One day the world will move past the coronavirus pandemic, and local patrons will want to venture out of their homes and engage with their families, friends and neighbors, in their communities. When they return, customers will appreciate a thoughtful experience. According to a study conducted by Expedia and the Center for Generational Kinetics, 74% of Americans already prioritize experiences over products or things.
This trend was prevalent well before COVID-19, but is even more relevant now.
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Making it worthwhile for customers to patronize your business now requires creating an experience that they won’t find anywhere else. Providing a unique experience, whether it be an intimate after-hours virtual concert streamed live from your retail store; or contactless pick up stations for online orders, you are signaling that you not only get what customers are wanting more of now (security, safety, great service), but you’re also giving them a reason to remember your brand, and give them remarkable experiences they can share with their friends.
Experiences don’t have to be limited to in-store only.
Oak Park’s Lively Athletics, a fitness-focused specialty shop for women co-owned by sisters Anne Pezalla and Kate Pezalla Marlin, found a creative way to use social media to host a virtual anniversary sale event at their store. The sisters had moved to e-commerce when the pandemic forced non-essential businesses like theirs to close. In the ensuing months their revenues were buoyed by the trend in “athleisurewear” as the new office attire for employees working from home; as well as those customers who were making exercise at home part of their daily routines. Having recently launched a kid’s section, the sisters found yet another way to connect with their customers by offering quality activewear for children. Opening back up in June with shortened hours, they instituted strict guidelines for in-store shopping — by appointment, with no more than two people at a time. But to celebrate their six-year anniversary in July, the sisters knew they needed to give their customers much more access while ensuring their safety. So they turned to Facebook, where they had cultivated more than 3,000 followers over the years. The sisters hosted a three-day Facebook Live virtual shopping event, with store tours, fun exercise sessions and time-limited discounts on choice merchandise that those watching online could order directly from the store’s Facebook page. It proved to be a huge hit.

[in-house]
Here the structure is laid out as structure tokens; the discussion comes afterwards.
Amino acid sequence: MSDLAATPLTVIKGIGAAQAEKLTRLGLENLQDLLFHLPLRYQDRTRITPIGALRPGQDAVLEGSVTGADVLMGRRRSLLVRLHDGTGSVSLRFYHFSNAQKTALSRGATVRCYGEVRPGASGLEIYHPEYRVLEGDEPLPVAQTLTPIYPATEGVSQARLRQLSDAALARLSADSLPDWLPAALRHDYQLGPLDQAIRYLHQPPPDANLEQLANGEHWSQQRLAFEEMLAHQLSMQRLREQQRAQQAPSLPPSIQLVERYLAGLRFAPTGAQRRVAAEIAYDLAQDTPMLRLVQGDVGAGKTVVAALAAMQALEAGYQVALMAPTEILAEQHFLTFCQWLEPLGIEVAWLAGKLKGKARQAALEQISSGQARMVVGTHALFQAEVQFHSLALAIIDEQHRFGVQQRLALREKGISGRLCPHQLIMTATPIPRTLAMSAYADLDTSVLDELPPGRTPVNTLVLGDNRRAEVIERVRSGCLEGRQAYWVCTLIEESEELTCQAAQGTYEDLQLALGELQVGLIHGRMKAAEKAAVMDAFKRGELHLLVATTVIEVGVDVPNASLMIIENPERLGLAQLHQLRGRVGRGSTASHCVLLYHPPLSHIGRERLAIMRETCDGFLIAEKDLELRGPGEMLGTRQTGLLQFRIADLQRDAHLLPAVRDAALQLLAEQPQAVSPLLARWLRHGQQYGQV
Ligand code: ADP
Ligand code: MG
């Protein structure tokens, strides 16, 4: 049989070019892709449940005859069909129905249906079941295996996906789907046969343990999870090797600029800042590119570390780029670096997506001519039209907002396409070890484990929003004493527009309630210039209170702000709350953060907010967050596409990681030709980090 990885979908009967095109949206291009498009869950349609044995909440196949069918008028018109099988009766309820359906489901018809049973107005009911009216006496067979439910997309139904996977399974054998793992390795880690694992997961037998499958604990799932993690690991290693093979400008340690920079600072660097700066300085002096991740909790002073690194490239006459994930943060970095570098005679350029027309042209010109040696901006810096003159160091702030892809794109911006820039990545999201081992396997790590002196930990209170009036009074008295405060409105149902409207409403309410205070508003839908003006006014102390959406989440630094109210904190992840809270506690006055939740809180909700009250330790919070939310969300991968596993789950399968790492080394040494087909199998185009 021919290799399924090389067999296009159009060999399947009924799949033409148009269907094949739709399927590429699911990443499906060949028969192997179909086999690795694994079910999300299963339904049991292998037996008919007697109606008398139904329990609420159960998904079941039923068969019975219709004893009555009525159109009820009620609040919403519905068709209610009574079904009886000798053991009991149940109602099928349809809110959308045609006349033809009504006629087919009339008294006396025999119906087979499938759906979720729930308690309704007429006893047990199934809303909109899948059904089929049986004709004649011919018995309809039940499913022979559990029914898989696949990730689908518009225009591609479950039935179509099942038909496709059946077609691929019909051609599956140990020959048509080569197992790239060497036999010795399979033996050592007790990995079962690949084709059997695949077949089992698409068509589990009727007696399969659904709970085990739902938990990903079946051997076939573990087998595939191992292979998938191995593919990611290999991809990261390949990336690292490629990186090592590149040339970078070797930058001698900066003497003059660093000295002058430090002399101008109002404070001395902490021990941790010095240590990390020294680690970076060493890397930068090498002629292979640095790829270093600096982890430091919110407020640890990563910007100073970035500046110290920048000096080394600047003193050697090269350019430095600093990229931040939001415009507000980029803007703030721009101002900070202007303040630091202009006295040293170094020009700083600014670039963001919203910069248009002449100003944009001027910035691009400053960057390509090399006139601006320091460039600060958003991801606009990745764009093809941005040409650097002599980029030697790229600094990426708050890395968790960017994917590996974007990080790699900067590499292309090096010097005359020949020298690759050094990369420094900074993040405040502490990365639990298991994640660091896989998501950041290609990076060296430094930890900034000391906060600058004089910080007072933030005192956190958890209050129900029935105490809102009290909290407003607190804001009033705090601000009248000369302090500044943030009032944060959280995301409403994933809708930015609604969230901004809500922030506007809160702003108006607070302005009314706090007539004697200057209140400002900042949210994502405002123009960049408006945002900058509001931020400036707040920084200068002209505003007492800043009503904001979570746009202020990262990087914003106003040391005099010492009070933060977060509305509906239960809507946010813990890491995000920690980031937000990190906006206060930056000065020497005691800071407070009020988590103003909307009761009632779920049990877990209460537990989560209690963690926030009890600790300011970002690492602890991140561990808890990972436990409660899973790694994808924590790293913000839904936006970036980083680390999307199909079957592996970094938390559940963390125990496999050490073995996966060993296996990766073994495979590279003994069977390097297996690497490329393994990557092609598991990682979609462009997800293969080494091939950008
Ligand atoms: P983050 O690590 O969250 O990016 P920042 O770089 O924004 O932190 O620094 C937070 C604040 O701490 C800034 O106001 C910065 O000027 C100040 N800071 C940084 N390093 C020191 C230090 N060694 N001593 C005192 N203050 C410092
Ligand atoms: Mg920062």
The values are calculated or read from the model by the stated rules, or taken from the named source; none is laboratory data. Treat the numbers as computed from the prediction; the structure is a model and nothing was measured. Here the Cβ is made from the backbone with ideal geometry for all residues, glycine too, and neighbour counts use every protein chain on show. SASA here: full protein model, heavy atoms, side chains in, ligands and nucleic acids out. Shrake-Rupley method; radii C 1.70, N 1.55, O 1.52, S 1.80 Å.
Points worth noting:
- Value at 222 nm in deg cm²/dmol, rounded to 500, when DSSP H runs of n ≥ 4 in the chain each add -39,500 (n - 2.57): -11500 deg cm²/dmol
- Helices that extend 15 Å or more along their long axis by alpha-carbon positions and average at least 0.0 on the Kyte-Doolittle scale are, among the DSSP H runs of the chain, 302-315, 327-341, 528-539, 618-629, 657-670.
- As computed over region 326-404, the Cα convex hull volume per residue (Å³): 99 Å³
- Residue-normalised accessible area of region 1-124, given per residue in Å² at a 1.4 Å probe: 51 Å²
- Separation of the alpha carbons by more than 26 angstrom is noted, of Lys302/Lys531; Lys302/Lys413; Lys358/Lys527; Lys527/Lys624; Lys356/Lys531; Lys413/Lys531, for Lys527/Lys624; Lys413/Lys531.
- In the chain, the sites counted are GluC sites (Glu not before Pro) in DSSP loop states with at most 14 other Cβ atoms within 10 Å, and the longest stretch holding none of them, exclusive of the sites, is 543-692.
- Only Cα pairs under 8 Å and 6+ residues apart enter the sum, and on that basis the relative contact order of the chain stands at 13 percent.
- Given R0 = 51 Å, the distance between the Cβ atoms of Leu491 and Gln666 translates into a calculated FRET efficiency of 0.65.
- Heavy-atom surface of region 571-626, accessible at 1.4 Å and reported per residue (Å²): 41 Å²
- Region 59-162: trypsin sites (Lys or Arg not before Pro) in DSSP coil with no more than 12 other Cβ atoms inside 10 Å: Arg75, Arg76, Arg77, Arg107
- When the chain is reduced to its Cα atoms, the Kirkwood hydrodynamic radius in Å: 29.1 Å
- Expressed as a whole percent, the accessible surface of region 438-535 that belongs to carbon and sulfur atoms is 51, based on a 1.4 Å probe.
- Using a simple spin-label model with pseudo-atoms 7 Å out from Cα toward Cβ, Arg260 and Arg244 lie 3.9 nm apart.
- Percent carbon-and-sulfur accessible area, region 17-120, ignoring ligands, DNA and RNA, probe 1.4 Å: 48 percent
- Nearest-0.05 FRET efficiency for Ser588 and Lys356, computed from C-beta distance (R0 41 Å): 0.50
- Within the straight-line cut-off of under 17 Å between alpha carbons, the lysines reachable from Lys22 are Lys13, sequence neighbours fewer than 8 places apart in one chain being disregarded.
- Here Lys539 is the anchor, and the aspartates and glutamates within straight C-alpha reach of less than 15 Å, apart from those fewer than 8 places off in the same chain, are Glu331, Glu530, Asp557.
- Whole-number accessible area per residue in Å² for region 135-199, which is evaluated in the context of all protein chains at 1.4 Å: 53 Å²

Brands like HelloFresh and The Cocktail Camp are predicated on delivering in-home experiences that put their customers directly in the driver’s seat. These inventive companies have figured out how to supply the raw materials, guidance and encouragement needed to build memories and allow their customers to make amazing meals and spirits, all in the comfort of their own homes. Some restaurants are offering virtual experiences like cooking classes via their social media channels, to keep their customers engaged and gain new audiences.
Online Ordering Resources
Here are a few resources that can help you with online marketing support that’s right for your business.
Ambiance and service, after all, are equally as important as the dishes. Post-pandemic, customers will want more than health disclaimers, socially distanced seating and limited menus they can pull up with their phones. They will still want a great experience.
For those focused solely on cuisine, restaurants have been experimenting with other ways to maximize their current predicament, via Ghost Kitchens. Ghost kitchens (also known as dark kitchens or virtual restaurants) trim the costs of real estate, labor and menu innovation by condensing the restaurant model to accommodate off-premise food sales without a traditional dine-in space.
Instead of seating guests indoors, deliveries made by restaurants or by third-party service providers like Uber Eats are becoming a mainstay. Uber Eats has already facilitated more than 4,000 virtual restaurants in North America alone. Using data from in-app searches, Uber Eats identifies opportunities for certain cuisines in various neighborhoods, then approaches existing brick-and-mortar restaurants to partner with.
COVID-19 has shown community-based businesses that when it comes to digital marketing, the sum is often bigger than its parts and that no one need go it alone. Chicago marketing veteran Toure Muhammad, for instance, recently launched a new online food delivery and pickup service for Chicago’s black-owned restaurants during “Black Chicago Eats Month.” As the creator of blackchicagoeats.com, a directory of Chicagoland black-owned restaurants and founder of the annual Taste of Black Chicago, Muhammad is tying his new food ordering app to in-person and online special events throughout the month of August promoting special offers, discounts and activities from black-owned restaurants in the Chatham and Hyde Park neighborhoods. Ultimately, Muhammad intends to build his online service to be available year round and citywide.
That we can reimagine our kitchens and physical spaces to complement virtual demand is like comfort food for restaurateurs.
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